In October, the New Haven (Conn.) Department of Police Services (DPS) implemented a program in which victims of domestic abuse are issued devices that, when activated, summon law enforcement personnel. By making the technology available to victims, the department hopes to enhance safety for victims and officers alike.

DVLink, developed by Orlando, Fla.-based Public Safety Group, is a compact, silent alarm that the user activates with the push of a button. An emergency signal is processed through a computer-aided dispatch system linked to mobile data terminals in officers' cars. In addition to seeing a flashing alarm on their terminals, officers instantly receive information regarding the suspected perpetrator, whether weapons may be involved, court orders and a general history of previous domestic violence incidents.

The system is one of many components making up New Haven's domestic violence initiative. In 1999, the DPS received a $1.275 million grant from the U.S. Department of Justice that allowed it to purchase the notification system and establish contracts with social services and private organizations for counseling, advocacy, clinical treatment, and community outreach and education. It also launched a pilot project in which, together, a police officer and a clinician visit victims' homes to follow up on calls. The officer is able to check for violations (e.g., of restraining orders), while the clinician provides counseling to victims and children.

Rather than being a cure-all for domestic violence, the alarm system is a tool that - used along with New Haven's other programs - is intended to help reduce the number of situations that escalate into injury. Anyone can request the alarm, and recipients are determined by a committee of the Greater New Haven Domestic Violence Task Force (the committee includes a prosecutor, a victim's advocate, a detective and social service providers).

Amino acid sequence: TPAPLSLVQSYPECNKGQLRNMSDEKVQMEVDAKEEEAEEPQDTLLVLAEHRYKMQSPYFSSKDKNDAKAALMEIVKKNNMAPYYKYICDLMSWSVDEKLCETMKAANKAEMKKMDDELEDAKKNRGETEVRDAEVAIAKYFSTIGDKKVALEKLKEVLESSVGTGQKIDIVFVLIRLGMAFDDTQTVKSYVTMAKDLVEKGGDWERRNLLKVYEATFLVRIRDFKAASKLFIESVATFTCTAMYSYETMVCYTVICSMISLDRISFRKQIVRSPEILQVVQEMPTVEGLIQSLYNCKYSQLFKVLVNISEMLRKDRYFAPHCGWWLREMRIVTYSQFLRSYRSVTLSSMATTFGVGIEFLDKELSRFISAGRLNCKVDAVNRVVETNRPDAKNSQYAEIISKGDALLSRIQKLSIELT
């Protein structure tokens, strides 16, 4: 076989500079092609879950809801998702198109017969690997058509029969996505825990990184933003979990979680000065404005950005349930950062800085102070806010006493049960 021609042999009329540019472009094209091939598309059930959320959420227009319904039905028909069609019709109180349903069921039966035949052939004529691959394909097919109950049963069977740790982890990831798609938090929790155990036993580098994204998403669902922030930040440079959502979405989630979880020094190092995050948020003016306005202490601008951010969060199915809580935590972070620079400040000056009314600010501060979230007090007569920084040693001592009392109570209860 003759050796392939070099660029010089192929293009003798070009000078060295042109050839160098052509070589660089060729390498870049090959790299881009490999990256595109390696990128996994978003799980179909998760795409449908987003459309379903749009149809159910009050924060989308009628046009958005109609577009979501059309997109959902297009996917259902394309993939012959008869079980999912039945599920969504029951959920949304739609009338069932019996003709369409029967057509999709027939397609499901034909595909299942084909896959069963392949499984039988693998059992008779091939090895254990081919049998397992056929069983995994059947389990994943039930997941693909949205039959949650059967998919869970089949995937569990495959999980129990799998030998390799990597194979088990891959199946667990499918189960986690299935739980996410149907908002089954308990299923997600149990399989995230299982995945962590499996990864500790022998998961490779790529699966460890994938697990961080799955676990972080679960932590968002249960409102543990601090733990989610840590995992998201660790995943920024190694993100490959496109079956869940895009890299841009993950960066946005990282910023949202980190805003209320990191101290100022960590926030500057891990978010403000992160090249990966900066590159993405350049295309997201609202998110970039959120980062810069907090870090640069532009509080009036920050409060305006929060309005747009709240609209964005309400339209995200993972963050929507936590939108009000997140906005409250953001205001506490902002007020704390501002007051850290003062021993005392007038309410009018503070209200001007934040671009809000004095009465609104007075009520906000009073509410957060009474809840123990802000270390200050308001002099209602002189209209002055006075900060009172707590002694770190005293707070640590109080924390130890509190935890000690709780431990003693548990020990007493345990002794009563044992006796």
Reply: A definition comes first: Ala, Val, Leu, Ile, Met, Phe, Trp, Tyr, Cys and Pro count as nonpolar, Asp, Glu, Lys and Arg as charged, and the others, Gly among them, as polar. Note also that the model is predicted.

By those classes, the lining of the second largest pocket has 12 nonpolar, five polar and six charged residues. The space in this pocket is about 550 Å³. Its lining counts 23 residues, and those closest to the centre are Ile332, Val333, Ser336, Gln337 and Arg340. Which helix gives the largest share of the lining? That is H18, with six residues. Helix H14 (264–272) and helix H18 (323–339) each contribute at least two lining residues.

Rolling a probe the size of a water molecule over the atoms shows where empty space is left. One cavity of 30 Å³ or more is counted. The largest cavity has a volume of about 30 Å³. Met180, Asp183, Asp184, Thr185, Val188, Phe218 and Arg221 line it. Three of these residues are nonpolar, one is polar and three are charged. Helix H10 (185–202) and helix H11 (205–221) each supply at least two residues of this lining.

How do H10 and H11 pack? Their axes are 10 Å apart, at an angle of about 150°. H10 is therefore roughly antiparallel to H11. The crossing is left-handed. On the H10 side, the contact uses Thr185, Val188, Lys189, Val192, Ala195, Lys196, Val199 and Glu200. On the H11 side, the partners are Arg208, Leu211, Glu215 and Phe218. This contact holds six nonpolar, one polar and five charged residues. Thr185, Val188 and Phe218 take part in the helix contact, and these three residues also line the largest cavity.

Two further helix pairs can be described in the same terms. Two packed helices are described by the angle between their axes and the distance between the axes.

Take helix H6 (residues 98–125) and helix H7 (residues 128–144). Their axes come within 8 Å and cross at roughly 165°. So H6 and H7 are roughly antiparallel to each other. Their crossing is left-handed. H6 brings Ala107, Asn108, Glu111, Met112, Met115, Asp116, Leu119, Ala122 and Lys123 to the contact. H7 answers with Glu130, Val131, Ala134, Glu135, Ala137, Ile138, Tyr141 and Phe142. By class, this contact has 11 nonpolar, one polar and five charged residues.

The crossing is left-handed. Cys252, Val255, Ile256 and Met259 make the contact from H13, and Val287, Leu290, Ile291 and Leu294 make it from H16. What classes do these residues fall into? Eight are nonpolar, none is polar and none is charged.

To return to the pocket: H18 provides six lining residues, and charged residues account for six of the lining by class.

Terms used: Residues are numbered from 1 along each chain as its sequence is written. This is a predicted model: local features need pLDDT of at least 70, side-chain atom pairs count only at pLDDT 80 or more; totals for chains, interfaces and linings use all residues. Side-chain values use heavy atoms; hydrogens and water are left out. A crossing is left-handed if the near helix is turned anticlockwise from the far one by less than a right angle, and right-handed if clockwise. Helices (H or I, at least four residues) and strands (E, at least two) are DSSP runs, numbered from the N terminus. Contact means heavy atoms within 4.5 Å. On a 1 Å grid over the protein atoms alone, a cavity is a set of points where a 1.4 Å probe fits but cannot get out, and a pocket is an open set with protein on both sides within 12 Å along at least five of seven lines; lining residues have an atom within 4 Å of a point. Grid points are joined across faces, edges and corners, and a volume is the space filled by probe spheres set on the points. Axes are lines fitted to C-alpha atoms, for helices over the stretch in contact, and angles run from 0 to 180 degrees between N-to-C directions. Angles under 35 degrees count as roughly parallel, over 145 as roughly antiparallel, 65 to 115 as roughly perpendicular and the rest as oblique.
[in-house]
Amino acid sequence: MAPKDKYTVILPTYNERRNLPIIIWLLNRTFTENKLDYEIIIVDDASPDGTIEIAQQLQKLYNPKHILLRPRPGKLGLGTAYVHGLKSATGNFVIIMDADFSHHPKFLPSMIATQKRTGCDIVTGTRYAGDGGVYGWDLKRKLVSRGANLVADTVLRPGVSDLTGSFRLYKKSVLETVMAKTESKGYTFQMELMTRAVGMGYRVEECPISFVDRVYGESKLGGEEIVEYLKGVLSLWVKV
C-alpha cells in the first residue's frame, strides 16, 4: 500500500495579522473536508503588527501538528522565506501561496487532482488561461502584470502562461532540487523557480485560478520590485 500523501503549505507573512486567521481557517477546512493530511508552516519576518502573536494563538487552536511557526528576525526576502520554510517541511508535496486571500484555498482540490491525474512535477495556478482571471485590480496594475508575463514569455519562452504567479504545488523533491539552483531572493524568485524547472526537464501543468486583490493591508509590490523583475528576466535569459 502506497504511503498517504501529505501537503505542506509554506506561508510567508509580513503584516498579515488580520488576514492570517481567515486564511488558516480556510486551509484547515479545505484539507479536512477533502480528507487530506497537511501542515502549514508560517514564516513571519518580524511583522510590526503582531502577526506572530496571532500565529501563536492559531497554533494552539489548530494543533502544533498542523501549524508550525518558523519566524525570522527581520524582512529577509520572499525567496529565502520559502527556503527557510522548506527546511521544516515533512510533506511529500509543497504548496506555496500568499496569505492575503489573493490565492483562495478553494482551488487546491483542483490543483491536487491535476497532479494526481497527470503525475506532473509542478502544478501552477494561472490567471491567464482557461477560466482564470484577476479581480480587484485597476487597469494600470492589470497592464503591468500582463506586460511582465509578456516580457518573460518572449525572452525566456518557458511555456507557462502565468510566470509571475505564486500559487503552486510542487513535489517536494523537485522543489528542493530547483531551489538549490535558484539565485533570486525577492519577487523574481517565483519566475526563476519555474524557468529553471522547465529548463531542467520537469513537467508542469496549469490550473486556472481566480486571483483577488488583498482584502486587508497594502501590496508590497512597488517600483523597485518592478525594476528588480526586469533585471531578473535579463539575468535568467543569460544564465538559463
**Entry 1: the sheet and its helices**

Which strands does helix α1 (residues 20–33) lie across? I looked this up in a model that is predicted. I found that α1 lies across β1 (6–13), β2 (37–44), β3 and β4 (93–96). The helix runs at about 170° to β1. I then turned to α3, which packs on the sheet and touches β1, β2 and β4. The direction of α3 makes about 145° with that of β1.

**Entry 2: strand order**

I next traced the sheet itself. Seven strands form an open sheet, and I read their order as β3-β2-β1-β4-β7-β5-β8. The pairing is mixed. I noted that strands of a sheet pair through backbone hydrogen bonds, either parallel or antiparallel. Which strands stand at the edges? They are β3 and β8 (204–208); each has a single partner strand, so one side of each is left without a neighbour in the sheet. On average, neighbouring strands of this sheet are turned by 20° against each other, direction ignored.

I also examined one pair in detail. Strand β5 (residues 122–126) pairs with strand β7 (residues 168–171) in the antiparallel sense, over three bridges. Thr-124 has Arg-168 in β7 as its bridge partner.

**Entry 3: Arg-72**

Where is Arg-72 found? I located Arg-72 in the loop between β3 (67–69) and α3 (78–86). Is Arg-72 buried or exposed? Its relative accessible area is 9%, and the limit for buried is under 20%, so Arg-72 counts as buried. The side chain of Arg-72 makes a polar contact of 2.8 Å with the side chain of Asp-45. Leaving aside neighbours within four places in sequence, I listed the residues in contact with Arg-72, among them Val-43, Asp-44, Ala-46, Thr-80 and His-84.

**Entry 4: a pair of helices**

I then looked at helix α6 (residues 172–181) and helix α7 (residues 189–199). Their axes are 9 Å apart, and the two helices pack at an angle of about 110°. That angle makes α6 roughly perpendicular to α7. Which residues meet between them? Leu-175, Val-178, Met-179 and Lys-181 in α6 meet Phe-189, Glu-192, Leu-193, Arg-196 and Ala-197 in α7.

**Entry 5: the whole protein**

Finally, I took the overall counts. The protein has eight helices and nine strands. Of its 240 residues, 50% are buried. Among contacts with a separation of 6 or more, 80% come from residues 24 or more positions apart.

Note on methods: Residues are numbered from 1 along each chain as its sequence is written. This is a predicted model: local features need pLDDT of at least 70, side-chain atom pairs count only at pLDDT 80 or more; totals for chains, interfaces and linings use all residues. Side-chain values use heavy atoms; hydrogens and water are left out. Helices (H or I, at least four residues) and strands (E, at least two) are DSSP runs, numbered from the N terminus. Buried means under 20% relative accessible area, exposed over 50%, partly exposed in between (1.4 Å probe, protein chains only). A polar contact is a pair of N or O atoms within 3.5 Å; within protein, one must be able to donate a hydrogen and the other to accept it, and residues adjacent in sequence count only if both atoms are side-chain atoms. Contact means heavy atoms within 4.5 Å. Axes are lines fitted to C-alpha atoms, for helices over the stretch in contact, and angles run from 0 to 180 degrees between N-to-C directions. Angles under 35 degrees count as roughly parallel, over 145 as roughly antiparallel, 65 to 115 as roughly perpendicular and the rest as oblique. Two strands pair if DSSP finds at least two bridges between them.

Recipients of the devices are trained in their use and are instructed to use them in proximity to their homes. (The signal does not identify the user's location and is linked only to his or her home address. If the victim is away from home and relies solely on the alarm to summon the police, officers will respond to the home.) Victims can use the systems "until they are not needed anymore," says Lt. Kelly Dillon, supervisor for the DPS Domestic Violence Unit. That milestone is determined by the police, the victim's advocate and the victim, she notes, adding that they consider whether the perpetrator has been incarcerated or has entered a behavioral program.

The DPS has received approval for grant continuation this year, and Dillon expects to begin seeing measurable results for the department's initiatives. Additionally, she is optimistic about the alarm program's potential impact. "This technology will help to save lives, prevent injury, hold offenders more accountable and improve the quality of life for families caught under the control of domestic violence," she says.